look & listen

Tiny steps of progress

There’s no doubt in my mind that the next three months will seem to go by very slowly. It’s a long time and a lot can happen.

I had been wondering whether I left Guatemala with everything organized the way I wished. A week later I got an update from Casa Alianza about Inés with some photos. All is well. They are also organizing some other things, and Alberto, the local producer, is already prepping the shoot for October. A good feeling to have so many people supporting the project hands-on in the city.

For my part, I am talking to Iberia to see if we can get some sponsorship for the flights, to some TV stations for extra financing (we all know how “easy” that is in Spain – haha), to a producer who will raise more funds in the U.S., etc etc. Also to Steffie about the cameras, and the technical and style choices we’re going to have to start making. Ah, and I made a one-pager explaining the basics of the project.

I also met the founders of Gaudium Paidos (see link in sidebar). This is a new ONG who are going to Guatemala next week to set up a desintoxication-unit for street children, something which seems to be the missing step to successfully rescuing youngsters off the streets.

Thanks everyone who have written to me personally with very thoughtful and long mails. I really love the idea that people are getting engaged. Feel free to write on the site itself as well, so it can be shared.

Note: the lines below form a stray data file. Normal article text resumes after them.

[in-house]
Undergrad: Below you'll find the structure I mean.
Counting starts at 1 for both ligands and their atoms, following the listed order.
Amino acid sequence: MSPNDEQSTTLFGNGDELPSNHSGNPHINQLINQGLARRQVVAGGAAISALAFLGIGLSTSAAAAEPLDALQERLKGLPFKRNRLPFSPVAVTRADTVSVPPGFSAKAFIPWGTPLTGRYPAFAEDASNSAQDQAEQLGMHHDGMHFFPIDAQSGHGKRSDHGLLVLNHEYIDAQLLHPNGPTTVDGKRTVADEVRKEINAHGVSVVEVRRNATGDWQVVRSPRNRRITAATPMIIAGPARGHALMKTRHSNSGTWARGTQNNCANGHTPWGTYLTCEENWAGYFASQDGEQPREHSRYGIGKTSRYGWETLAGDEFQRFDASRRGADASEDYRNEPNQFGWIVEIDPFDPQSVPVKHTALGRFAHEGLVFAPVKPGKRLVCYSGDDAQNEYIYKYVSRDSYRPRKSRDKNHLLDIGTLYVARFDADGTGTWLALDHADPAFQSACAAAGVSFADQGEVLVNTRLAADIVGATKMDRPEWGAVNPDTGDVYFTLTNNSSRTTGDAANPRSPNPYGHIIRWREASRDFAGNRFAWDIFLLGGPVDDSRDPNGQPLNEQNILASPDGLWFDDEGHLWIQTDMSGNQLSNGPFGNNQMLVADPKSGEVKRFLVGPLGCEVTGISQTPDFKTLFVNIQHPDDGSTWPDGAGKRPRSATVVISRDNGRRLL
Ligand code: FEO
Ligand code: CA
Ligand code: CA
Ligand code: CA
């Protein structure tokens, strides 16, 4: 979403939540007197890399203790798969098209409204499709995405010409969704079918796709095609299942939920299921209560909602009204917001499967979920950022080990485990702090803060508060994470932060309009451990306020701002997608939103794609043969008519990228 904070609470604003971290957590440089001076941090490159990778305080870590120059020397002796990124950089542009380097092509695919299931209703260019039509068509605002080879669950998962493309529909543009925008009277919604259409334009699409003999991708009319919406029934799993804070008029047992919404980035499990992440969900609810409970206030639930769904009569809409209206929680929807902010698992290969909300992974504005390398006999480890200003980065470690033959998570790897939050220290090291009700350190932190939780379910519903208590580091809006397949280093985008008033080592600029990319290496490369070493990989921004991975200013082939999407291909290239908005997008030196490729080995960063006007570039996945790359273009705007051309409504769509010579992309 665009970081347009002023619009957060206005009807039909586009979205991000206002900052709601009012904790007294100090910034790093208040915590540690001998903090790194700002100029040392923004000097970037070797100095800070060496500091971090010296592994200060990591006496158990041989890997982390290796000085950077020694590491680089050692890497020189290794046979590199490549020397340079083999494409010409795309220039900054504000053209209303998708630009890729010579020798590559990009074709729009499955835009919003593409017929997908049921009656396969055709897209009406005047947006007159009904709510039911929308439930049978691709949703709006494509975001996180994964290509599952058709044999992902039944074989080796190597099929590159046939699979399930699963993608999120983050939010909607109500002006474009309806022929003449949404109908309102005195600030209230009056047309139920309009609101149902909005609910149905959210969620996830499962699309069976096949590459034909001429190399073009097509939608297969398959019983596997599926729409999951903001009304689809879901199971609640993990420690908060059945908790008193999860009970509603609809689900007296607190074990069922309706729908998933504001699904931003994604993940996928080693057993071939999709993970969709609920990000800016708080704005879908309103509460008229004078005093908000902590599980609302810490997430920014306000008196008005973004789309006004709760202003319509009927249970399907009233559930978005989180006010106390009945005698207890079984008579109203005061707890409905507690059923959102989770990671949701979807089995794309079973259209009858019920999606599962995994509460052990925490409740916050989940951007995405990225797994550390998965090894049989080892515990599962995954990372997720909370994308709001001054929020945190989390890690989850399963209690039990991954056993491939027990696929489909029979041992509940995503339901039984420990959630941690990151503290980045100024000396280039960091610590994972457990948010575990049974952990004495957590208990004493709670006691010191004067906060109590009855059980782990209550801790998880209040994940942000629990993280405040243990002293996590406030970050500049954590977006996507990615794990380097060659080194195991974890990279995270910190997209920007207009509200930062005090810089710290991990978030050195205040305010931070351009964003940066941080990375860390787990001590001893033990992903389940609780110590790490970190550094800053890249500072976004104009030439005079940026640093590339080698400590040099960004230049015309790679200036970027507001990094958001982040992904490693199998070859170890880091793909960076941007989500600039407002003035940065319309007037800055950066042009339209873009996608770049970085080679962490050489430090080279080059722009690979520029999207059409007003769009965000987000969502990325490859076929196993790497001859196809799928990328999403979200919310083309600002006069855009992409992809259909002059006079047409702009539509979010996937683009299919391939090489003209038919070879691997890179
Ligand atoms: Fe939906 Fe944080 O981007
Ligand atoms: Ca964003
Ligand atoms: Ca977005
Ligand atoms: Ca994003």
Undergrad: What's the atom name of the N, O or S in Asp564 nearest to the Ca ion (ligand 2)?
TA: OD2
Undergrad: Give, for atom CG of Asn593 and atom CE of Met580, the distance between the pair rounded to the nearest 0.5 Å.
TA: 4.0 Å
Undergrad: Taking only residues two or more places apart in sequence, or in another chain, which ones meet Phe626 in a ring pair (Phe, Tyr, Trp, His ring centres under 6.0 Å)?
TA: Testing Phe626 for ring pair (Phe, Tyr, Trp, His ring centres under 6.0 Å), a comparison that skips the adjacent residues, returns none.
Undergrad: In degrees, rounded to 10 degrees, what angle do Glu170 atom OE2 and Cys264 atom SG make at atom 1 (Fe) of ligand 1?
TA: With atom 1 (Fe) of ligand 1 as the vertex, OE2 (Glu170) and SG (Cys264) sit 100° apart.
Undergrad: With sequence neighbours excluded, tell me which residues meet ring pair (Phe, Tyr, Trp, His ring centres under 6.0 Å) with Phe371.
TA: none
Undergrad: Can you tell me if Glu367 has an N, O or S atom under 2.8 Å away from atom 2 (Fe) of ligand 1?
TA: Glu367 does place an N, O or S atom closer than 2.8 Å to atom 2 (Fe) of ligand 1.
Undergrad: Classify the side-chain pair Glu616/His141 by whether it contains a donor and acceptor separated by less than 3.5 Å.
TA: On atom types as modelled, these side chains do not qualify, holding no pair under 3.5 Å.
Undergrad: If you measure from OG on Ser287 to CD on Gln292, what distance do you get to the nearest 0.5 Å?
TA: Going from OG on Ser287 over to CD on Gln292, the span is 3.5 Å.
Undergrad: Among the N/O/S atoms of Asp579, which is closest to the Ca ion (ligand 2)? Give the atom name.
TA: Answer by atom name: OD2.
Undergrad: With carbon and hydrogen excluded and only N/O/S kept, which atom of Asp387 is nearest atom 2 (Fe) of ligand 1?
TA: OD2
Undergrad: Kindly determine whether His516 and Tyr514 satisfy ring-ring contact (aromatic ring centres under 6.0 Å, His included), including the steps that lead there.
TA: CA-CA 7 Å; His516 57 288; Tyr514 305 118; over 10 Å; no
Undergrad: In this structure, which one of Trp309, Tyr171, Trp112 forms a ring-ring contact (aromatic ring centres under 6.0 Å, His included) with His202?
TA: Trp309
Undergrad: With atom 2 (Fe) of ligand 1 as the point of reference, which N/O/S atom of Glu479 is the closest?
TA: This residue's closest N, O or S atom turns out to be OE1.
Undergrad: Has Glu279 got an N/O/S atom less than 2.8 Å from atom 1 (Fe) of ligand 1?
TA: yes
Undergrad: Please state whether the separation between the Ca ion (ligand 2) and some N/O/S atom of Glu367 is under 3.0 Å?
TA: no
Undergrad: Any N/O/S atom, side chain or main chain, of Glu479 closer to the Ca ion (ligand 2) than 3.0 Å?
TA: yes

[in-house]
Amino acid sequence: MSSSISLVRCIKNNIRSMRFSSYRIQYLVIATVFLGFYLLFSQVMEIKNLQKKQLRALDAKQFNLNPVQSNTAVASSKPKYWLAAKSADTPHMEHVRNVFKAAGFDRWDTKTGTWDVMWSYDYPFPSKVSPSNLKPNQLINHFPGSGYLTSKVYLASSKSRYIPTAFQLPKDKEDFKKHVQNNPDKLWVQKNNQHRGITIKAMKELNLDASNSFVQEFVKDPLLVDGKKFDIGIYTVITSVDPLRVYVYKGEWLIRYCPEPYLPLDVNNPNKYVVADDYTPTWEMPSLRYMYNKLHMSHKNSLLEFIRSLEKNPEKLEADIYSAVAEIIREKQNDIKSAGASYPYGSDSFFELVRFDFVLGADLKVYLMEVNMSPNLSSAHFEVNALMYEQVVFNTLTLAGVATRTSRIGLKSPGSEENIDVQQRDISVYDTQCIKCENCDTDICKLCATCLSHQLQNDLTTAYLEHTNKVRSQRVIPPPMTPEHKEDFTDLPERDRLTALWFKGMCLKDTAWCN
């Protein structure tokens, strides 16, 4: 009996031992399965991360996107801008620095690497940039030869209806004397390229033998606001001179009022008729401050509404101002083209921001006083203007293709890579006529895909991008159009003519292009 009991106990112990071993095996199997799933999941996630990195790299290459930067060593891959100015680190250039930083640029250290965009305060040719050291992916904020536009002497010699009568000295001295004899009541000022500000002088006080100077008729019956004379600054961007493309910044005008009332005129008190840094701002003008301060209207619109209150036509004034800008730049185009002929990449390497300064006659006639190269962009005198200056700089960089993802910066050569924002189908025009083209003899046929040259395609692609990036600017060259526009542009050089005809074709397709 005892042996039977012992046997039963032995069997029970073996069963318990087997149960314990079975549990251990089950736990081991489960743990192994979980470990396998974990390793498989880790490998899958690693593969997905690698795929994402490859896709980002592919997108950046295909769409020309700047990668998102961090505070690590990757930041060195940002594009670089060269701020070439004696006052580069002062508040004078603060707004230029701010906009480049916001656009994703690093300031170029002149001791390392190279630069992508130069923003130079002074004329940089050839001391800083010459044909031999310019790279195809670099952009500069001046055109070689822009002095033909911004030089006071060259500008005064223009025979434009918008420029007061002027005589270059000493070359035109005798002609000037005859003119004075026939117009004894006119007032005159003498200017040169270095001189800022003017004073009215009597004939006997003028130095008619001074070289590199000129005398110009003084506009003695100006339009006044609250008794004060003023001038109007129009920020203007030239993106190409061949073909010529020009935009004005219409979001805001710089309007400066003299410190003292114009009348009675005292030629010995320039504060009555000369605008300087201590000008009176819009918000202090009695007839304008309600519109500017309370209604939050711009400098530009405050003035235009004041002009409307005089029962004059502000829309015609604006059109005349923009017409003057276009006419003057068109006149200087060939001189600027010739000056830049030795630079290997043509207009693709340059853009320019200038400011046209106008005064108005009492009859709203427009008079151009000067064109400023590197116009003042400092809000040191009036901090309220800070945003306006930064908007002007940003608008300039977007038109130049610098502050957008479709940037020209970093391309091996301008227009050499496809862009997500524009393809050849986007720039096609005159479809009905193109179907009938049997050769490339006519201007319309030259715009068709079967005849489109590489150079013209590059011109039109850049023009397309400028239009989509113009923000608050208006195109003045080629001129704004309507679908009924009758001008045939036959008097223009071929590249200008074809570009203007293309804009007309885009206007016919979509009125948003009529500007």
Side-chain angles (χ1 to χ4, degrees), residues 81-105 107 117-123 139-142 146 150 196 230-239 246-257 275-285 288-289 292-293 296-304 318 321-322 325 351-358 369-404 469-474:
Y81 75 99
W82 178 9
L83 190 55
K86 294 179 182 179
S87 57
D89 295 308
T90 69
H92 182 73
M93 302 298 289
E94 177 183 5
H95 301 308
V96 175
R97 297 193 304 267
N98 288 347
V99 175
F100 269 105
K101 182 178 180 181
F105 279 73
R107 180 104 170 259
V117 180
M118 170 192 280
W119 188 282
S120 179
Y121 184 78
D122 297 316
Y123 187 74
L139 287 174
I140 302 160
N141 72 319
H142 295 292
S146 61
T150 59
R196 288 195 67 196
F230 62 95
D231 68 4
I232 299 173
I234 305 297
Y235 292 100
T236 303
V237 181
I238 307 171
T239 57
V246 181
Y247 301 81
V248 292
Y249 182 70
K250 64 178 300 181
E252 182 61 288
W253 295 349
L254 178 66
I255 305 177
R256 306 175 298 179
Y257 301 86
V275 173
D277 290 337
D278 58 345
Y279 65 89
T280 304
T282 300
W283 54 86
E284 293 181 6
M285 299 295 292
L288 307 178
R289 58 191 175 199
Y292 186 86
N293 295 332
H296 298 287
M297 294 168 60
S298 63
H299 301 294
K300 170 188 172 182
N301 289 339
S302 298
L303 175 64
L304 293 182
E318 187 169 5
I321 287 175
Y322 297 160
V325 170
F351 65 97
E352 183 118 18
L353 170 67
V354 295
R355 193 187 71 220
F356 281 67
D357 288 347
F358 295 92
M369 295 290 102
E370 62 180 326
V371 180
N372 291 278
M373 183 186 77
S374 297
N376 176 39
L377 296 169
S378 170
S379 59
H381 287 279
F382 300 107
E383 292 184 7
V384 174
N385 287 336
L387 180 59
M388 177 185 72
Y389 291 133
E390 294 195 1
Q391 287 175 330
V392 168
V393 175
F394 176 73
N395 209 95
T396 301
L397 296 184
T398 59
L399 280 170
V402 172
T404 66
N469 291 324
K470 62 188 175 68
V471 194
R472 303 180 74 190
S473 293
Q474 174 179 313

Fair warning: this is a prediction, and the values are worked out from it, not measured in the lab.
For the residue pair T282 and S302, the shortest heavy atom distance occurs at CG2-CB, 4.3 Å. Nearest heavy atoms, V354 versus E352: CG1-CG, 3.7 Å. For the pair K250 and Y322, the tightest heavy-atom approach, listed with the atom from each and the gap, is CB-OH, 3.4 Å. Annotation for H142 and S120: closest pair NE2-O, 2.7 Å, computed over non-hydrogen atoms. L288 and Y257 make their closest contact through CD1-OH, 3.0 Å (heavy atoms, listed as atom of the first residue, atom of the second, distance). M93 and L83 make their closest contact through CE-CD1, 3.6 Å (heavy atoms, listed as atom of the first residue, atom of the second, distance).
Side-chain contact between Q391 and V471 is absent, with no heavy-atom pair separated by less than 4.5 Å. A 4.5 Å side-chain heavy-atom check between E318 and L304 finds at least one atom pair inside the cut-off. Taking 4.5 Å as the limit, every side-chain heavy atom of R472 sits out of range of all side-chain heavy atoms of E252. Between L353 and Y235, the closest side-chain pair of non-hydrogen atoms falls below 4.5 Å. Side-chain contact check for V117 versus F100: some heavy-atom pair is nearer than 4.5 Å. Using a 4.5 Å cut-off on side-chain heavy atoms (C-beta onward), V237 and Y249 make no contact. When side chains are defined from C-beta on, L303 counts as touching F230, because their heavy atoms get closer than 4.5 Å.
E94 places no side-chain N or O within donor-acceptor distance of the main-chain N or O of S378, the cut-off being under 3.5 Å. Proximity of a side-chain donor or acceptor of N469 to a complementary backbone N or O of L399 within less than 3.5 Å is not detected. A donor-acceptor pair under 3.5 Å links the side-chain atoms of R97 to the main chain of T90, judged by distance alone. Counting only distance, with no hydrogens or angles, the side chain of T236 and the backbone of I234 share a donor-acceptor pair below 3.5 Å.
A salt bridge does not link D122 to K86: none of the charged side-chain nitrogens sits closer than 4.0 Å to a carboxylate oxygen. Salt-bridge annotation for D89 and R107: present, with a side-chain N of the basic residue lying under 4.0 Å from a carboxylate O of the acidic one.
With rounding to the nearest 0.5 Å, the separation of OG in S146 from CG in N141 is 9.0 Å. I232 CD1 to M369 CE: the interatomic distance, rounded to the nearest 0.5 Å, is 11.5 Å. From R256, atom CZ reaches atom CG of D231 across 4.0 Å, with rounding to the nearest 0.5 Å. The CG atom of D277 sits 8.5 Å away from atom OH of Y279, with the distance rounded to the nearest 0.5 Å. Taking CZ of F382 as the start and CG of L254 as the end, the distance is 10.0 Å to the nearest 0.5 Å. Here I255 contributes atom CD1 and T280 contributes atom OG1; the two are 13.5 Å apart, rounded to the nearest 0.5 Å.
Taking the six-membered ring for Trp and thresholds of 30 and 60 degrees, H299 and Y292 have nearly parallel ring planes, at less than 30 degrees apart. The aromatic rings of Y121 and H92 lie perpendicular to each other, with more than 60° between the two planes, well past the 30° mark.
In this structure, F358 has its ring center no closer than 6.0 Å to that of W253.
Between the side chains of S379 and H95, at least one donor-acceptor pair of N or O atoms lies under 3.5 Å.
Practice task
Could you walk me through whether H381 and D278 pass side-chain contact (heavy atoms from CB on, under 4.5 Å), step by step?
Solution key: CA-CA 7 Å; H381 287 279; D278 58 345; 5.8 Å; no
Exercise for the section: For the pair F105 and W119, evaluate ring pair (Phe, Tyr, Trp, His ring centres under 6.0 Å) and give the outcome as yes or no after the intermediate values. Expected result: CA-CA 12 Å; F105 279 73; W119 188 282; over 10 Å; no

For those of you in the Northern hemisphere: have a nice summer! For the others: have a nice winter!!

Last day’s thoughts

Something funny is going on here. After spending a week roaming the streets of this city, and meeting with the NGO’s, I am starting to think that these organizations are keeping the children on the streets! There are so many NGO’s working with children, and since the evangelization of this country (many catholics are turning hard-core protestants), the churches have also gotten involved. Children who sleep in the street know that organization 1 will bring breakfast by 9.30AM, then number 2 will take them out to bake cakes at 10AM (lunch included), number 3 may come along around 1PM to hand out condoms (Casa Alianza alone hands out 190.000 condoms a year), and then dinner is served at such and such shelter…

Ok, I am being facetious. But these children and teenagers are being catered to in a way that there’s no incentive to get off the streets. It’s the perfect combination: the ultimate freedom (the very reason many are not able to hold out very long in the rule-ridden shelters), they can come and go when they want, take whatever substance they feel like, and no one will tell them what to do when, and on the other hand a constant flow of basic necessities.

I was surprised to find out that my newly found friend Ines takes computer classes once a week. Yet, she sleeps in the open air on a lice-infested dirty mattress under the canopy of a motorcycle-shop. The MOJOCA people told me she could write emails to me if I wanted (at their day facility) to tell me first hand how the pregnancy is coming along.

I am having a hard time comprehending some of this.

Anyway, I went out on the streets today with Casa Alianza. They wanted to present me to yet another pregnant young woman, but we couldn’t find her. I have come to the conclusion however that deciding on the second option for the film, can wait until the last moment. I know who’s out there and when they are supposed to give birth. That feels like it’s enough for now.